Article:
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Assuming the game ends in the first overtime, the team with the first possession wins under the following scenarios:

- scores a touchdown on the first drive
- kicks a field goal on the first drive; other team fails to score on the second drive
- both teams kick a field goal on the first and second drives; win in sudden death
- doesn't score on the first drive; defensive score during second drive
- neither team scores on first or second drives; win in sudden death

Under this overtime procedure, roughly how often should be expect the team winning the coin flip to win the game?

For an average team the empirical probabilities of the above events per drive are:

- \(\mathrm{defensiveTD} = \mathrm{Pr}(\text{defensive touchdown}) = 0.02\)
- \(\mathrm{safety} = \mathrm{Pr}(\text{safety}) = 0.001\)
- \(\mathrm{fieldGoal} = \mathrm{Pr}(\text{field goal}) = 0.118\)
- \(\mathrm{offensiveTD} = \mathrm{Pr}(\text{offensive touchdown}) = 0.200\)

We'll also use the following:

- \(\mathrm{defensiveScore} = \mathrm{Pr}(\text{any defensive score}) = \mathrm{defensiveTD} + \mathrm{safety}\)
- \(\mathrm{offensiveScore} = \mathrm{Pr}(\text{any offensive score}) = \mathrm{fieldGoal} + \mathrm{offensiveTD}\)
- \(\mathrm{noOFscore} = \mathrm{Pr}(\text{no offensive score}) = 1 - \mathrm{offensiveScore}\)
- \(\mathrm{noScore} = \mathrm{Pr}(\text{no score}) = 1 - \mathrm{offensiveScore} - \mathrm{defensiveScore}\)
- \(\mathrm{sdWin} = \mathrm{Pr}(\text{driving team winning under sudden death rules})\)

Then the probabilities of the above numbered outcomes is approximately:

- \(\mathrm{offensiveTD}\)
- \(\mathrm{fieldGoal}\times \mathrm{noOFscore}\)
- \(\mathrm{fieldGoal}\times \mathrm{fieldGoal}\times \mathrm{sdWin}\)
- \(\mathrm{noScore}\times \mathrm{defensiveScore}\)
- \(\mathrm{noScore}\times \mathrm{noScore}\times \mathrm{sdWin}\)

The last thing we need to work out is \(\text{sdWin}\). There are three ways for the team with possession to win:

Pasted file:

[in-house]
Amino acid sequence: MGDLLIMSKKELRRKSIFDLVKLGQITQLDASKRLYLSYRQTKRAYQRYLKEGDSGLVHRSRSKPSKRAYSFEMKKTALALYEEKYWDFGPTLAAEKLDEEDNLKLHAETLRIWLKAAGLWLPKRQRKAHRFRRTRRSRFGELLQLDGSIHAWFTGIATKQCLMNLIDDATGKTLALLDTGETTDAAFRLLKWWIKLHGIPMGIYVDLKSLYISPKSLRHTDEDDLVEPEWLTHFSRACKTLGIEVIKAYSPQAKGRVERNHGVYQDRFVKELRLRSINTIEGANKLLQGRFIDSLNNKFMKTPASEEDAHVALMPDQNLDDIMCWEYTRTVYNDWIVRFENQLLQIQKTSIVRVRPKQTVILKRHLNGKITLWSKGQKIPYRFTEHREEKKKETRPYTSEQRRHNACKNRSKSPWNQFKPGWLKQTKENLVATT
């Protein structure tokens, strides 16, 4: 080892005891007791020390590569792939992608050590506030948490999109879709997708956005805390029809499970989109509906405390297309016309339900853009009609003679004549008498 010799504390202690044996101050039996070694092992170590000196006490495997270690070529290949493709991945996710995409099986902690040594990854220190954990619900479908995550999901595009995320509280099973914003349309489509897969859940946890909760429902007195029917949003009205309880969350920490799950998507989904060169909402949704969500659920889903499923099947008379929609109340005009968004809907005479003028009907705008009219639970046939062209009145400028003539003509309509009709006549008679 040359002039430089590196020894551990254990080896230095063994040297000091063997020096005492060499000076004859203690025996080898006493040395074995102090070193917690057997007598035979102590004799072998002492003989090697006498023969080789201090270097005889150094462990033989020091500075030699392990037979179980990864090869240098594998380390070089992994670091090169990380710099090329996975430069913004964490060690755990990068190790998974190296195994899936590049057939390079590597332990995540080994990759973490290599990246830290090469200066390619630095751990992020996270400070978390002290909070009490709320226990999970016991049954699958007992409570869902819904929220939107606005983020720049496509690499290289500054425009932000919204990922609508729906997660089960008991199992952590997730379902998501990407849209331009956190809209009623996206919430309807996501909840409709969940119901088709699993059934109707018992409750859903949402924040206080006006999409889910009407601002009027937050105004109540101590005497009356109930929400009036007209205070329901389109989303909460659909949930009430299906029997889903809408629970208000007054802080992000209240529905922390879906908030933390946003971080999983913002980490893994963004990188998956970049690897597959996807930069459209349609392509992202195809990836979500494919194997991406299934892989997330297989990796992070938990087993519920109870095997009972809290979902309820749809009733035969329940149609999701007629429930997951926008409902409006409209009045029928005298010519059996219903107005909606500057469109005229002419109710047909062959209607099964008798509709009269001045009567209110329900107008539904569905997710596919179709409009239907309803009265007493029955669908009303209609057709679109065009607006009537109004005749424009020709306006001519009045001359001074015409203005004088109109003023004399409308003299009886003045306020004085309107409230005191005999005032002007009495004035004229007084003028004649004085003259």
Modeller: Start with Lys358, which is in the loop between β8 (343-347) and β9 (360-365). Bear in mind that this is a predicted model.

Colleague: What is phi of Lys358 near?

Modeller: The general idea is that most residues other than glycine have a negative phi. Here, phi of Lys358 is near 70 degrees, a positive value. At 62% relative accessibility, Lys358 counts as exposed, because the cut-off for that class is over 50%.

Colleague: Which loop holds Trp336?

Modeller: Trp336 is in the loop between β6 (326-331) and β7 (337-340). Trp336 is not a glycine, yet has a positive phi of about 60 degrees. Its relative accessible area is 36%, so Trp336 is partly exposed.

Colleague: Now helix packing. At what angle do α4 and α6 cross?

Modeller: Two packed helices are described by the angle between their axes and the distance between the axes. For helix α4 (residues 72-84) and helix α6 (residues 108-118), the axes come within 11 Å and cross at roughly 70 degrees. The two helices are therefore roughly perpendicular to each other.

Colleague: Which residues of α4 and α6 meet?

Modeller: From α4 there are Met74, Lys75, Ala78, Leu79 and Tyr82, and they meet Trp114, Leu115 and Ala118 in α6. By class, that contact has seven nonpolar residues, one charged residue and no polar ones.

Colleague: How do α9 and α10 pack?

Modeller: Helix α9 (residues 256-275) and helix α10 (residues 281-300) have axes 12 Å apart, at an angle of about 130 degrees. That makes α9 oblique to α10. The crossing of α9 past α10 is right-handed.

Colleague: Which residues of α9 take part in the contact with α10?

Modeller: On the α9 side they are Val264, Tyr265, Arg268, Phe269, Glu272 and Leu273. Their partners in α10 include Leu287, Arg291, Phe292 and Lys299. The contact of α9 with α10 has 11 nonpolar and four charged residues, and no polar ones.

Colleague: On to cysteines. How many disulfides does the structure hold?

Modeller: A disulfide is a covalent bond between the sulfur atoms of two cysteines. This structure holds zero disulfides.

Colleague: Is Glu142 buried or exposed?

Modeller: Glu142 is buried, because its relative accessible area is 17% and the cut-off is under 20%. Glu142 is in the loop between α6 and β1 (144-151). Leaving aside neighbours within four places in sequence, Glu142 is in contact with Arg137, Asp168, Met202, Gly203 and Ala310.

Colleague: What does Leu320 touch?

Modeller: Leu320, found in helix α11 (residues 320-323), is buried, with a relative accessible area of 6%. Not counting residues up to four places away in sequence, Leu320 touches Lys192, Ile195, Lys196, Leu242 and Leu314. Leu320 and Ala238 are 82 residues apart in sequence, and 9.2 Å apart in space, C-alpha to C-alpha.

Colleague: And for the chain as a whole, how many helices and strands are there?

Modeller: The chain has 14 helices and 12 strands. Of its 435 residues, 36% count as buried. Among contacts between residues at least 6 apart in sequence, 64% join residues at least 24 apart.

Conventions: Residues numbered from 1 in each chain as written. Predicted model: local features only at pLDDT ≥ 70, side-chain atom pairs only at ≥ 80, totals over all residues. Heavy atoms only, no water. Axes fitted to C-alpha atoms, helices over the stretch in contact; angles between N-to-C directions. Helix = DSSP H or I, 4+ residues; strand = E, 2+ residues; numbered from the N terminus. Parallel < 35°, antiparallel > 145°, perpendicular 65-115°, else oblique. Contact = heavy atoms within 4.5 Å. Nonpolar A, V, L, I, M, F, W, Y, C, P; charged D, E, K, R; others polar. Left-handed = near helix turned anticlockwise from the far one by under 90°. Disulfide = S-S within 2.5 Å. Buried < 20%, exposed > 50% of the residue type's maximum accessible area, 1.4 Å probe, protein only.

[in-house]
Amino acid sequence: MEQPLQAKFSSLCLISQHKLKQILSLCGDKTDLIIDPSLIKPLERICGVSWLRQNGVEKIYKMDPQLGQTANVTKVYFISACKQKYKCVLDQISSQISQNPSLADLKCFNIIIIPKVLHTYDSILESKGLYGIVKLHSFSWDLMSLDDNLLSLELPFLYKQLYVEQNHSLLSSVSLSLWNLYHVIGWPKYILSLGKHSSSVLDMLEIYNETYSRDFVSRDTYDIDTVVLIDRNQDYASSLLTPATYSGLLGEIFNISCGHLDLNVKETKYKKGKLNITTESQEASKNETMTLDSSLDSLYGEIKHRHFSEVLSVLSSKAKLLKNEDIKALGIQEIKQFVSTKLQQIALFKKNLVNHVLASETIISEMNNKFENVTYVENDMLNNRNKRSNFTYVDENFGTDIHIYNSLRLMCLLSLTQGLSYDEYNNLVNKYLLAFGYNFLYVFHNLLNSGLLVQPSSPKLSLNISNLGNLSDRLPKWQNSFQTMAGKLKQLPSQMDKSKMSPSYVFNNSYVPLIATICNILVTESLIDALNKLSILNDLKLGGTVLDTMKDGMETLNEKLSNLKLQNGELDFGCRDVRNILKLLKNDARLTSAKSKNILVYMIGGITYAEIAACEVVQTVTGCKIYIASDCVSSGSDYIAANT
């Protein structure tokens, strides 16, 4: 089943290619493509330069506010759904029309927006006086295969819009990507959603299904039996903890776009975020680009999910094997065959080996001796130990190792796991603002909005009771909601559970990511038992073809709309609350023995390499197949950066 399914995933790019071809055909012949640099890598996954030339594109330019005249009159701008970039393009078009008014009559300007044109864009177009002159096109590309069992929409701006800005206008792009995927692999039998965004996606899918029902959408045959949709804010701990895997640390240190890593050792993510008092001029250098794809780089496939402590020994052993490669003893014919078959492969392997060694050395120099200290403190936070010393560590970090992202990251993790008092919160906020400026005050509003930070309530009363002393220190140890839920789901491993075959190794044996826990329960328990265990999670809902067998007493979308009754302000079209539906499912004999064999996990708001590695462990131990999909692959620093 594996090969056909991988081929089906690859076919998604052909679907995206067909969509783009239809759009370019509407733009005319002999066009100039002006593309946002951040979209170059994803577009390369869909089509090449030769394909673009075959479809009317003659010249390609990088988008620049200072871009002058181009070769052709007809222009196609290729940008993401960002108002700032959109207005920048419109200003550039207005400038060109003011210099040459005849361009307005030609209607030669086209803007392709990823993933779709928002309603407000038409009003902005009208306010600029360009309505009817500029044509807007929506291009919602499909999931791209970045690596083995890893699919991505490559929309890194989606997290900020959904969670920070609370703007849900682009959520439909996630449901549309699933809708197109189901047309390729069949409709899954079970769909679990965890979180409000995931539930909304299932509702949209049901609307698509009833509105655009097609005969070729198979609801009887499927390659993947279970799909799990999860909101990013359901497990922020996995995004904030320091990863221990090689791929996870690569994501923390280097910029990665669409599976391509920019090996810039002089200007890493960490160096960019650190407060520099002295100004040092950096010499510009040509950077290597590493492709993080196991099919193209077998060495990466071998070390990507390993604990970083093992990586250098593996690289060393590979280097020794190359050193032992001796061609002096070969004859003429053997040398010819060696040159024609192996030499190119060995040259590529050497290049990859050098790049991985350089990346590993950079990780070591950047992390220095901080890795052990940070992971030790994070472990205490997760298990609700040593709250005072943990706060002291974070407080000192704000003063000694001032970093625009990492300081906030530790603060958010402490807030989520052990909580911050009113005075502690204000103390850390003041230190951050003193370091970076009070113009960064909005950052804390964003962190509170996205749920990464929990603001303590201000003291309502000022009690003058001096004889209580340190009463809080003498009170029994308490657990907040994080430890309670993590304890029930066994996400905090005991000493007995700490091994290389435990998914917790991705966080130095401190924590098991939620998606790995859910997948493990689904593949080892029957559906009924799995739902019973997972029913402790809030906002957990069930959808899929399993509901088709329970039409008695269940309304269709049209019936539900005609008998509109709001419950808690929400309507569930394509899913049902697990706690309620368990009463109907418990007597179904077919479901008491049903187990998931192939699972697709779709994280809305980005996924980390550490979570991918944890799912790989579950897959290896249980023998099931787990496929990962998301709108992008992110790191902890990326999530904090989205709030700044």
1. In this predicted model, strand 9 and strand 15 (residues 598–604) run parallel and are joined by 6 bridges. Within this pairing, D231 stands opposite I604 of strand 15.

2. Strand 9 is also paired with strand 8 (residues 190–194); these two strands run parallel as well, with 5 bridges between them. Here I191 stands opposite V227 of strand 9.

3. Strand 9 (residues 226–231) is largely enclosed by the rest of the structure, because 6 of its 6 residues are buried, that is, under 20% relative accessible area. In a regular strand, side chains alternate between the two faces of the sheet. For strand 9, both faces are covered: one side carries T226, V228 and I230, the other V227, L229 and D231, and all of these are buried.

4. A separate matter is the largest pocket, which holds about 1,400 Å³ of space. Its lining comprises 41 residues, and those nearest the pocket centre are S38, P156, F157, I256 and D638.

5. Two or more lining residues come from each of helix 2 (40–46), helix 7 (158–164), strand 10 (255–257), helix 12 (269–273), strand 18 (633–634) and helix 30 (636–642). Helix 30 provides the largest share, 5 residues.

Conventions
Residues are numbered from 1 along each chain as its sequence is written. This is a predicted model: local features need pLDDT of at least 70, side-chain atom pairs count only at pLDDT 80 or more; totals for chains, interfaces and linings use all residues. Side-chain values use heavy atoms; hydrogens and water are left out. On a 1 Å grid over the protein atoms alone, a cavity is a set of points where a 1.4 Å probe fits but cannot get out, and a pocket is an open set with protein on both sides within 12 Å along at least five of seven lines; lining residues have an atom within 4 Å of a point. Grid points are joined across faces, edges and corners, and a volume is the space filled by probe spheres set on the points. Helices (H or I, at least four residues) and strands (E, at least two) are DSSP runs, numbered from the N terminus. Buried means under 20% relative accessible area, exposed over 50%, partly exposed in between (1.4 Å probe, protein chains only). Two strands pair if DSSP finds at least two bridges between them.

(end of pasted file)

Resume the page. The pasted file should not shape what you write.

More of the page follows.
- any offensive score on the first drive
- no offensive score; any defensive score on the second drive
- neither team scores on the first or second possessions; we're back to our original state

These three scenarios have values:

- \(\mathrm{offensiveScore}\)
- \(\mathrm{noOFscore}\times \mathrm{defensiveScore}\)
- \(\mathrm{noScore}\times \mathrm{noScore}\times \mathrm{sdWin}\)

Doing the math, we get that \begin{align*}

\mathrm{sdWin} &= \mathrm{offensiveScore} + \mathrm{noOFscore}\times \mathrm{defensiveScore} + {\mathrm{noScore}}^2\times\mathrm{sdWin};\\

\mathrm{sdWin} &=\frac{(\mathrm{offensiveScore} + \mathrm{noOFscore}\times \mathrm{defensiveScore})}{(1-{\mathrm{noScore}}^2)}.

\end{align*}

Putting it all together we get \[

\text{win} = \mathrm{offensiveTD} + \mathrm{fieldGoal}\times \mathrm{noOFscore} + \mathrm{noScore}\times \mathrm{defensiveScore}\\

+ (\mathrm{fieldGoal}^2+ \mathrm{noScore}^2)\times \mathrm{sdWin}.\]

Plugging in our empirical values, we finally arrive at \[\mathrm{Pr}(\text{win coin flip, win game}) = 0.560.\] For comparison, under the original sudden death rules, \[\mathrm{Pr}(\text{win coin flip, win game}) = 0.589.\] So the NFL overtime rules are still ridiculously unfair in favor of the winner of the coin flip, but not as ridiculously unfair as they were under the original sudden death rules.

How do these numerical results compare to actual outcomes? Under the current overtime rules, there have been 51 overtime games. In 27 of these the team winning the coin toss won the game, in 21 the team losing the coin toss won the game and there have been 3 ties. That puts \(\mathrm{win} = \frac{27}{48} = 0.5625\) for games not ending in ties. Close enough!

If you'd like to tweak the probabilities for each event to see how the resulting probability for the winner of the coin flip changes, I have a simple Python script here.

\mathrm{sdWin} &= \mathrm{offensiveScore} + \mathrm{noOFscore}\times \mathrm{defensiveScore} + {\mathrm{noScore}}^2\times\mathrm{sdWin};\\

\mathrm{sdWin} &=\frac{(\mathrm{offensiveScore} + \mathrm{noOFscore}\times \mathrm{defensiveScore})}{(1-{\mathrm{noScore}}^2)}.

\end{align*}

Putting it all together we get \[

\text{win} = \mathrm{offensiveTD} + \mathrm{fieldGoal}\times \mathrm{noOFscore} + \mathrm{noScore}\times \mathrm{defensiveScore}\\

+ (\mathrm{fieldGoal}^2+ \mathrm{noScore}^2)\times \mathrm{sdWin}.\]

Plugging in our empirical values, we finally arrive at \[\mathrm{Pr}(\text{win coin flip, win game}) = 0.560.\] For comparison, under the original sudden death rules, \[\mathrm{Pr}(\text{win coin flip, win game}) = 0.589.\] So the NFL overtime rules are still ridiculously unfair in favor of the winner of the coin flip, but not as ridiculously unfair as they were under the original sudden death rules.

How do these numerical results compare to actual outcomes? Under the current overtime rules, there have been 51 overtime games. In 27 of these the team winning the coin toss won the game, in 21 the team losing the coin toss won the game and there have been 3 ties. That puts \(\mathrm{win} = \frac{27}{48} = 0.5625\) for games not ending in ties. Close enough!

If you'd like to tweak the probabilities for each event to see how the resulting probability for the winner of the coin flip changes, I have a simple Python script here.

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